The last time she’d seen Grandmother alive, Ona’tah was preparing for the vision quest that marked her journey from childhood into full adult membership of the Eagle Clan. Grandmother bid her to sit beside the hearth and then presented her with the medicine bag.
‘Take this,’ she said. ‘Inside is an ancient artefact precious to the Eagle Clan, and it is your responsibility to safeguard it.’
She looked more haggard than usual, prompting Ona’tah to ask, ‘What worries you, Grandmother?’
‘The Age of Serpents is upon us.’ Grandmother squeezed her eyes shut and sighed. ‘You know Jigon’sahseh’s Legacy to us.’
Ona’tah had shivered then. ‘Will it really come so soon?’
Grandmother wearily nodded. ‘So the Creator has warned me. Before you are as old as I, the Ganung’sisne’ha shall be defeated in battle, shattered and then scattered across Turtle Island.’
‘Can’t we do anything?’
‘Your duty.’ A tear escaped Grandmother’s eye and dribbled down her wrinkled cheek. ‘The Ganung’sisne’ha have become too proud of their strength and wealth and turned from the Great Law of Peace. For this reason, the Great Creator will allow the Evil One his day.’
‘What of the boy?’
‘I do not know. I cannot see. But, you know what you must do’
Ona’tah bowed her head. ‘I am not strong enough. I lack faith.’
Grandmother’s face twisted into a scowl. ‘You must have faith or all shall be lost!’
Ona’tah flushed. ‘Yes, Great One.’
All Ganung’sisne’ha knew the Prophesy of the Serpents, but only the women of her family knew Jigon’sahseh’s Secret Prophesy. This was the second of their three curses. Why had the Creator cursed her noble line so? In her heart, Ona’tah knew why, but she didn’t like to think of that. It was the third of the three curses.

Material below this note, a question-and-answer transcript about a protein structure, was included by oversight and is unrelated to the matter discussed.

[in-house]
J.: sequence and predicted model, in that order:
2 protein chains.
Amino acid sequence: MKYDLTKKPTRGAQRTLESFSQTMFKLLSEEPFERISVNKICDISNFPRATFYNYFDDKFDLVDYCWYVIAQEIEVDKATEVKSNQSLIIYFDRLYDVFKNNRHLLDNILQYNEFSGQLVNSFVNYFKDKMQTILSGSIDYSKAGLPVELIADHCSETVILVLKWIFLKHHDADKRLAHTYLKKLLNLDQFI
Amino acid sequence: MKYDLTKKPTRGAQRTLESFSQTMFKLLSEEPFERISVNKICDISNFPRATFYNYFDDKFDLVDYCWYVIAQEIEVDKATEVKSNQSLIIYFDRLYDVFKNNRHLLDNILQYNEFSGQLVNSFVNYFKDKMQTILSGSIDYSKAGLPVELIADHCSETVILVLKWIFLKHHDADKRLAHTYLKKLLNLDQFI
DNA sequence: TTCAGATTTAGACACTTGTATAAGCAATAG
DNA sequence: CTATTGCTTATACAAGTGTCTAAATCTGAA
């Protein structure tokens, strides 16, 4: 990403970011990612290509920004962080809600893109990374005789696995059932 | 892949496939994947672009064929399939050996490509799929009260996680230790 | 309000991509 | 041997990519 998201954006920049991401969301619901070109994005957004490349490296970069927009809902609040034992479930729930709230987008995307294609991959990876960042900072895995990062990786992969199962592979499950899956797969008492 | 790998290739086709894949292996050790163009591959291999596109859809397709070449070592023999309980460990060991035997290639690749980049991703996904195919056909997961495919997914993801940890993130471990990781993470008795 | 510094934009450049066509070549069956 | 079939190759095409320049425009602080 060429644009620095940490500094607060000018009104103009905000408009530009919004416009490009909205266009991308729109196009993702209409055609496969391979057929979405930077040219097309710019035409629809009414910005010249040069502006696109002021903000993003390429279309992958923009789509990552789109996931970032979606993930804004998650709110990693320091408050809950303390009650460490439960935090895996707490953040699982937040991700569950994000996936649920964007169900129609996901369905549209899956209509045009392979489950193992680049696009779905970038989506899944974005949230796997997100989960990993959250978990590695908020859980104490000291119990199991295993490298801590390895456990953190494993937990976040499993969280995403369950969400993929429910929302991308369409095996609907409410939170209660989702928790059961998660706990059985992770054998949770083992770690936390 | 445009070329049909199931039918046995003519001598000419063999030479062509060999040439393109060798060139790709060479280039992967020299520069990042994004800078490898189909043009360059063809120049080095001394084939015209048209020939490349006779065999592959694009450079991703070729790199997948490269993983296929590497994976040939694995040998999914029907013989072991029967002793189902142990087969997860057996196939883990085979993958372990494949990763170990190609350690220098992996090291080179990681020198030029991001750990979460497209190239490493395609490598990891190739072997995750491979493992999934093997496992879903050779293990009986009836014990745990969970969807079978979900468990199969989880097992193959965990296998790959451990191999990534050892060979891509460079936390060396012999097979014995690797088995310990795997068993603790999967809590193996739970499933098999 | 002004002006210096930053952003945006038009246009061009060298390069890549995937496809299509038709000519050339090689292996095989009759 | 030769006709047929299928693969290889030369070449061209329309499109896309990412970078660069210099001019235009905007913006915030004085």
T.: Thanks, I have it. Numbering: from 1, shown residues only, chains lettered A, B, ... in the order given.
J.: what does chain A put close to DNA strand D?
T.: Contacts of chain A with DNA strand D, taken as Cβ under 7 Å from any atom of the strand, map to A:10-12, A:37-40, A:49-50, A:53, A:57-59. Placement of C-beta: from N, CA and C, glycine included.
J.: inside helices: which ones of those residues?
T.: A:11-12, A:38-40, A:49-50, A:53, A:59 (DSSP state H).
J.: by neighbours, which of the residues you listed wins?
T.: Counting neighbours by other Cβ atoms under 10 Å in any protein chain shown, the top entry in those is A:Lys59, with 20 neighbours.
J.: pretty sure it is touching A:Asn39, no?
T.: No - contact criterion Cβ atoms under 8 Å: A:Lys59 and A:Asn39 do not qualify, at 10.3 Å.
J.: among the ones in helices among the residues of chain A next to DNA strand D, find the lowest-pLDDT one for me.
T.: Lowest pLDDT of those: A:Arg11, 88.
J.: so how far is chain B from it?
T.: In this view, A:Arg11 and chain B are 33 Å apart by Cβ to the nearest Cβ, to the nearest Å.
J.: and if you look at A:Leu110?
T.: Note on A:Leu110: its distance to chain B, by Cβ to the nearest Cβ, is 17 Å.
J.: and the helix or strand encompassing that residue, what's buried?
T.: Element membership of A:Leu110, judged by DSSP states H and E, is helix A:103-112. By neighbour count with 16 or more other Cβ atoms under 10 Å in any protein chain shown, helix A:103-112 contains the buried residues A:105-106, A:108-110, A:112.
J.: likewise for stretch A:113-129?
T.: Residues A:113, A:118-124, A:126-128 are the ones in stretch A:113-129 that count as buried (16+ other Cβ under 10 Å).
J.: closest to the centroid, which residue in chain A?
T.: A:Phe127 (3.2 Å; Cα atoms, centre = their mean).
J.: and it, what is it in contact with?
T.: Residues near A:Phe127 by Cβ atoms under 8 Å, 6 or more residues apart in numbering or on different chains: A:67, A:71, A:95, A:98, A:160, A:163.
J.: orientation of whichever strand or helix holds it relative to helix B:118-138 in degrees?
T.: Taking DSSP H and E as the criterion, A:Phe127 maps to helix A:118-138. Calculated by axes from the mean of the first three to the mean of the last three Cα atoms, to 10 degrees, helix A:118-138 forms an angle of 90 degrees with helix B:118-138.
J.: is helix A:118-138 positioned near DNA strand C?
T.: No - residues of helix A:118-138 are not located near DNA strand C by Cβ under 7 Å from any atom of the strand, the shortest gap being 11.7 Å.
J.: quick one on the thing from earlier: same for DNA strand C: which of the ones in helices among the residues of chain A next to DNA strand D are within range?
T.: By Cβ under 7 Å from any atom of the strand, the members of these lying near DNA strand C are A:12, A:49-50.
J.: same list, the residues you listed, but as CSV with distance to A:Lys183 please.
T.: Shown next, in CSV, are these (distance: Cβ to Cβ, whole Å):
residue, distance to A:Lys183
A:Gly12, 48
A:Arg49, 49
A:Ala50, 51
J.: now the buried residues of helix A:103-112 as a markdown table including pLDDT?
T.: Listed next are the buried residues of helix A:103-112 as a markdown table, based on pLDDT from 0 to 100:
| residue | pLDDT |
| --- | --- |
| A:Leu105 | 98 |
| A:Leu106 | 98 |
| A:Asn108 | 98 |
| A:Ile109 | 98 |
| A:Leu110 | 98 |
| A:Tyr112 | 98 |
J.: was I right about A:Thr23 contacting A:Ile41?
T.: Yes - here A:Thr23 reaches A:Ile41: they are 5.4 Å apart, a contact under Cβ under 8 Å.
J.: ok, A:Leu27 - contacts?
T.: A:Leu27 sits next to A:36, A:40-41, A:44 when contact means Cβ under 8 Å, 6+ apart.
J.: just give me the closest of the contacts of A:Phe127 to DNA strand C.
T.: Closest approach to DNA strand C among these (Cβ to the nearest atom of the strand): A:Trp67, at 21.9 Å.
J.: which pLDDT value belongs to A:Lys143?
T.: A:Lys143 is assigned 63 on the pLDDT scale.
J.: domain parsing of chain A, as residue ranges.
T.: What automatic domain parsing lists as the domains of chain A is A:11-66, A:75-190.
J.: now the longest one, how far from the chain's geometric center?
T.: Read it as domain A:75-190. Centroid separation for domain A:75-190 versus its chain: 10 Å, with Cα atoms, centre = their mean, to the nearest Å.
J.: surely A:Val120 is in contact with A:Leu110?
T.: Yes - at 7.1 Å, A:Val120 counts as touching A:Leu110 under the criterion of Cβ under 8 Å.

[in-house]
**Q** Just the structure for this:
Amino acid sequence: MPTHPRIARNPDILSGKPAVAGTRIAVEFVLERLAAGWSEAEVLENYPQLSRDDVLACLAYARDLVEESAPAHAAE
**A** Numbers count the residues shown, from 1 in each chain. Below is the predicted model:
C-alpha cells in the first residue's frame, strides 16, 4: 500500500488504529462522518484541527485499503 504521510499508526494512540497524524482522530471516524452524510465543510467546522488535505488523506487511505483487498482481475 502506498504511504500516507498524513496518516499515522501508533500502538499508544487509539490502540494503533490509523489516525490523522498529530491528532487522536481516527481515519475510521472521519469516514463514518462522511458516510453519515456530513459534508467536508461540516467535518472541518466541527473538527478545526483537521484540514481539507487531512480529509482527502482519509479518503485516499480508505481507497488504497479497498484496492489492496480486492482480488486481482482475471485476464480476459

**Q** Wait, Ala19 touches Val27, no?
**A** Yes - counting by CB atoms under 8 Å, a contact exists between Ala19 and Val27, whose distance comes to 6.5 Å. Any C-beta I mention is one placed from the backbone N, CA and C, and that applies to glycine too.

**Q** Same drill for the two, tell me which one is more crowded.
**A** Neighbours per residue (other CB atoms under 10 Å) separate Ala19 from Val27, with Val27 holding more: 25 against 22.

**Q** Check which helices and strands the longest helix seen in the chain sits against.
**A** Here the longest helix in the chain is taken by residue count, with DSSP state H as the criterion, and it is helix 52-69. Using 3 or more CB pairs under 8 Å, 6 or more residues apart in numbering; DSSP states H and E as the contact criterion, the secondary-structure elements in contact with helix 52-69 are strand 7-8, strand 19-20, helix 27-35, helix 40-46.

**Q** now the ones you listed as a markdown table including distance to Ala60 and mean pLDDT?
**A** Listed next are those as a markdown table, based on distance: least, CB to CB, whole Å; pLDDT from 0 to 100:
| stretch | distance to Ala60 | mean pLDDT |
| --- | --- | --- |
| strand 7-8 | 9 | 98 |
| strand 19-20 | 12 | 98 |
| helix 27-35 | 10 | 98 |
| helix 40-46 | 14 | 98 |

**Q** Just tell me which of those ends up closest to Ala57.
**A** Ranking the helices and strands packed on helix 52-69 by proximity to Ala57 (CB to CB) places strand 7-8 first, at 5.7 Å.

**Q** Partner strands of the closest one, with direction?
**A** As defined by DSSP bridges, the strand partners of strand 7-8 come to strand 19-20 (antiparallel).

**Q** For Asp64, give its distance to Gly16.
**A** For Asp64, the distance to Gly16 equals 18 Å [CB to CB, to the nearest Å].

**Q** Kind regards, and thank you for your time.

A loud cry of, ‘Ooo-whew-whew-whew-whew-whew!’ from a tree overhead disturbed Ona’tah’s recollection. She halted and glanced up at the common grackle that fidgeted with its wings and sang out again, ‘Ooo-whew-whew-whew-whew-whew!’
She examined the woods surrounding her. No shadows stalked her and there was no sign of human presence, though the faint sounds of distant battle carried on the breeze. A low blueberry bush nearby caught her eye. She picked one dark-blue fruit and then popped it into her mouth, grateful for the small burst of sweetness. After collecting a good handful of the refreshing berries, she crouched in the shade of a beautiful, tall Tree of Peace, her tanned skin glistening with tiny beads of perspiration.
Her father was out here somewhere, and she had reason to believe he wanted to kill as many Frenchmen as possible. The Mingo were attacking a French camp, so might her father be with them? Having seen that boy’s dark aura, she was reluctant to approach the Mingo war party. However, after the battle, she could follow the Mingo and observe from a distance. If she saw her father, she would enter their camp, and if not, they might lead her to her father. She would not try to kill the boy again. At least, not unless the Creator sent her a clearer sign that such was His will. Oh, how she wished her grandmother was here to advise her, now that she had need of wise counsel.
Ona’tah closed her eyes and prayed.
‘Great Creator, forgive me for I have failed You. Strengthen my faith, for I have doubted You. Guide my spear and grant me strength. Lead my feet to my father, and keep him safe ‘till I reach him.’